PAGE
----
“Everything that I am doing now has changed my life.”
– Gemma, Vuka Small Business Owner
It has been one year since Loom launched the Vuka Small Business Start-Up Course with a training in Arusha, Tanzania. Since then, twenty-eight leaders have completed the course and have launched their own small business in their community.
When we launched Vuka with this initial cohort, we wanted social innovators to know that the goal was not just financial success – it was learning. We knew that some businesses would take time to build, that there would not be instant success or profit right away, and we wanted each leader to feel comfortable learning both what worked for them, and what didn’t work. Together, we hoped that these social enterprises would not just be a means of income, but a way to engage their communities – providing jobs, starting conversations, and modeling a new way.
After three months of business planning and nine months of running a small business, we asked leaders to tell us how it is going, and what they have learned.
Irene – Pineapple Business
“This project has helped me to grow in understanding the community, their beliefs and livelihoods. I have been able to foster relationships with locals and create jobs for them. I have not seen financial success yet, but there is a considerable influence I have earned that will be useful to attaining business success.”
“Our pineapple business is still in the initial stage of growing pineapples. The good news is that we have just finished harvesting 500kg of maize. We have used 300kg to supply the school and 200kg for feeding the children at home.”
“In the meantime, we had to do more work than earlier anticipated. Before planting, we had to clear the whole land including the removal of trees because pineapples thrive well in a shade-free garden. However, we have gone ahead of the challenges and are now in a better position to tackle any future tasks.”
Ezekiel – Chicken Business
“Since November I learnt a lot and my endeavor continues getting momentum tremendously, which also accompanied with variation in the expectation and some few challenges. However, I also started experiencing some market challenges and getting some margin from the long run of about six months working tirelessly.”
“I have managed to employ about three men in my venture from my community and community has been inspired a lot about what I have been doing, and around the area some people start to imitate what am doing, this It has been a real good experience to see that am also impacting community with what am doing.”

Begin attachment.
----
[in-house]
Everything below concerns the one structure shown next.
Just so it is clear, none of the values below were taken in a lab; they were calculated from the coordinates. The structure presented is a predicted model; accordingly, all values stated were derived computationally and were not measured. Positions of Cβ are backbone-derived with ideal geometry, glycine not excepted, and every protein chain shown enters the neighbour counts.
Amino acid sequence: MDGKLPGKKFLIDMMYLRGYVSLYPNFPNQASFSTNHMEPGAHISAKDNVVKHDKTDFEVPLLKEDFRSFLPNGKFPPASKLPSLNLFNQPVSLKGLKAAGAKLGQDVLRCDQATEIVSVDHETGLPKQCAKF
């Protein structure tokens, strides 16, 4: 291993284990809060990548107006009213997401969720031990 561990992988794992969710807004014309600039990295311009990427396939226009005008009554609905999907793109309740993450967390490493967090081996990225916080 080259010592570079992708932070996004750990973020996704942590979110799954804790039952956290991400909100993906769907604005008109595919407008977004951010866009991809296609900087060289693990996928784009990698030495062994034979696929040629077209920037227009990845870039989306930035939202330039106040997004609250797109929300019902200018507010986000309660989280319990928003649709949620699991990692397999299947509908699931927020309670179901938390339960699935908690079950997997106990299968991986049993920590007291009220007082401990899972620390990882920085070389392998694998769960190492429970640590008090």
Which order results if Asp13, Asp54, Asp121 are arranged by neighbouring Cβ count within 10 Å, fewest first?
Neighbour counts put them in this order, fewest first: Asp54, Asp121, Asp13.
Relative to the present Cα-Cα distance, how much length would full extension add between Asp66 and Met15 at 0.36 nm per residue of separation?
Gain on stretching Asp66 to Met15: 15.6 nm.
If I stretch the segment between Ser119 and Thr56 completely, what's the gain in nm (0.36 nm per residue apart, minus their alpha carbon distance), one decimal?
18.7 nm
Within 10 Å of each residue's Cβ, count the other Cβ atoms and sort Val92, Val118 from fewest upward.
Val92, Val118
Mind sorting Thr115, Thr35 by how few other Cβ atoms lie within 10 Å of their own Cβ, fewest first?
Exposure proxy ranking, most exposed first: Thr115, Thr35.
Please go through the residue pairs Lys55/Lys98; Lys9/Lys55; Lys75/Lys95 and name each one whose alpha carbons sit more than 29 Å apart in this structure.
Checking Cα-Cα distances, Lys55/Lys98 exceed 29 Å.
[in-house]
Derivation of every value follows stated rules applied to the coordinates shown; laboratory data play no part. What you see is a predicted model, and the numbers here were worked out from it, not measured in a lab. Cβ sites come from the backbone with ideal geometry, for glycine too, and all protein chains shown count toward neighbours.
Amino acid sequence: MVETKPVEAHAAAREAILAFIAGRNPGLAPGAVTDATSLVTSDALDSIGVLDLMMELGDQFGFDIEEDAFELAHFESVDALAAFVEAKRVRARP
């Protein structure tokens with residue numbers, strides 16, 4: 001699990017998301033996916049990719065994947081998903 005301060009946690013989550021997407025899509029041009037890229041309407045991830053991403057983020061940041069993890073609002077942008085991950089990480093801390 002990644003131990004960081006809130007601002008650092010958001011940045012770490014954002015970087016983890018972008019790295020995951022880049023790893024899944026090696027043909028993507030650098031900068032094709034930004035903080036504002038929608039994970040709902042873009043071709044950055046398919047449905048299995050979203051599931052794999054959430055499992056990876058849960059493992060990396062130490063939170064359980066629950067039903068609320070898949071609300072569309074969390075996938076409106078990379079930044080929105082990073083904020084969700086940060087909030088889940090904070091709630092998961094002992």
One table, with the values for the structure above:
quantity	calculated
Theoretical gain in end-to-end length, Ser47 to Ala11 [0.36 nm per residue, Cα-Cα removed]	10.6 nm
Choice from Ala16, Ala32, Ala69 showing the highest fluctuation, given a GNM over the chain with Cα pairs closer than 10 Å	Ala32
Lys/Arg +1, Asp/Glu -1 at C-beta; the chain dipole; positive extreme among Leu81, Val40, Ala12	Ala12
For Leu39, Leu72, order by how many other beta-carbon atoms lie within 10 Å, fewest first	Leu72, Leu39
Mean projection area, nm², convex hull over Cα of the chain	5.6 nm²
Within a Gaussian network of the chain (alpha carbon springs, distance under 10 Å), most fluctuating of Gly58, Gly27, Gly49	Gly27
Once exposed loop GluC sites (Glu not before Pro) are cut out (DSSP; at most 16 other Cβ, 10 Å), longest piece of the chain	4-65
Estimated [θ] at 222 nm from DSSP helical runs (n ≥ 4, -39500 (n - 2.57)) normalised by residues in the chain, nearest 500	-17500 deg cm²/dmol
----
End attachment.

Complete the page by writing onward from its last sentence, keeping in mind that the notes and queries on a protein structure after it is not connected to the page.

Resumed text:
Challenges I have faced: : a chicken flu spike killed 25 in one day; electricity has been unreliable
“I have encountered some success out of my business which includes yielding some profit after selling some eggs, chickens started to yield eggs since late November and the market for eggs was so awesome.
“[Overall,]I have acquired market experience and my network with the customers have matured gradually. My products are already known to the market and I have secured a position in the market.”
Carol – Sheep Business
“[I] am grateful for the privilege to own a business. It has been a great time of both learning, experiment to experience, knowing more about animals, their health and seasons. Job opportunitIes [have been]created for the young fathers who one take care of the sheep, and now another the pigs. I see some youths challenged that if a woman can do this they too would like to try.”
Challenges I have faced: timing, building up customer base, market variables for selling livestock at a good price.
Unexpected events or surprises:
One of my sheep got a disease that is incurable according to the veterinarian.
One of the sheep gave birth to twins!!!!!! A miracle: one died two replaced it!
Geoff and Beatrice – Peanut Butter Business
Community job creation: “We have been having 2 people that have always been part of this. Helping in preparations of the product. Promoting the one that sells peanuts, the container packs as well the stickers printing guy. Most people we talk to are really excited that this happens.”
“The first 3-4 months of the business, we had very positive results. January and February have not worked out well and this is because most people are busy with directing everything to their kids going to school. For our business, it wasn’t good.”
“We didn’t know that with the peanut butter business there is a season too and so we now know we will have to prepare for this.”
“[Overall], our business worked because we decided to get ourselves into it, love it and talk about it all the time. Committing ourselves to it, the most one thing we pray for all the time.”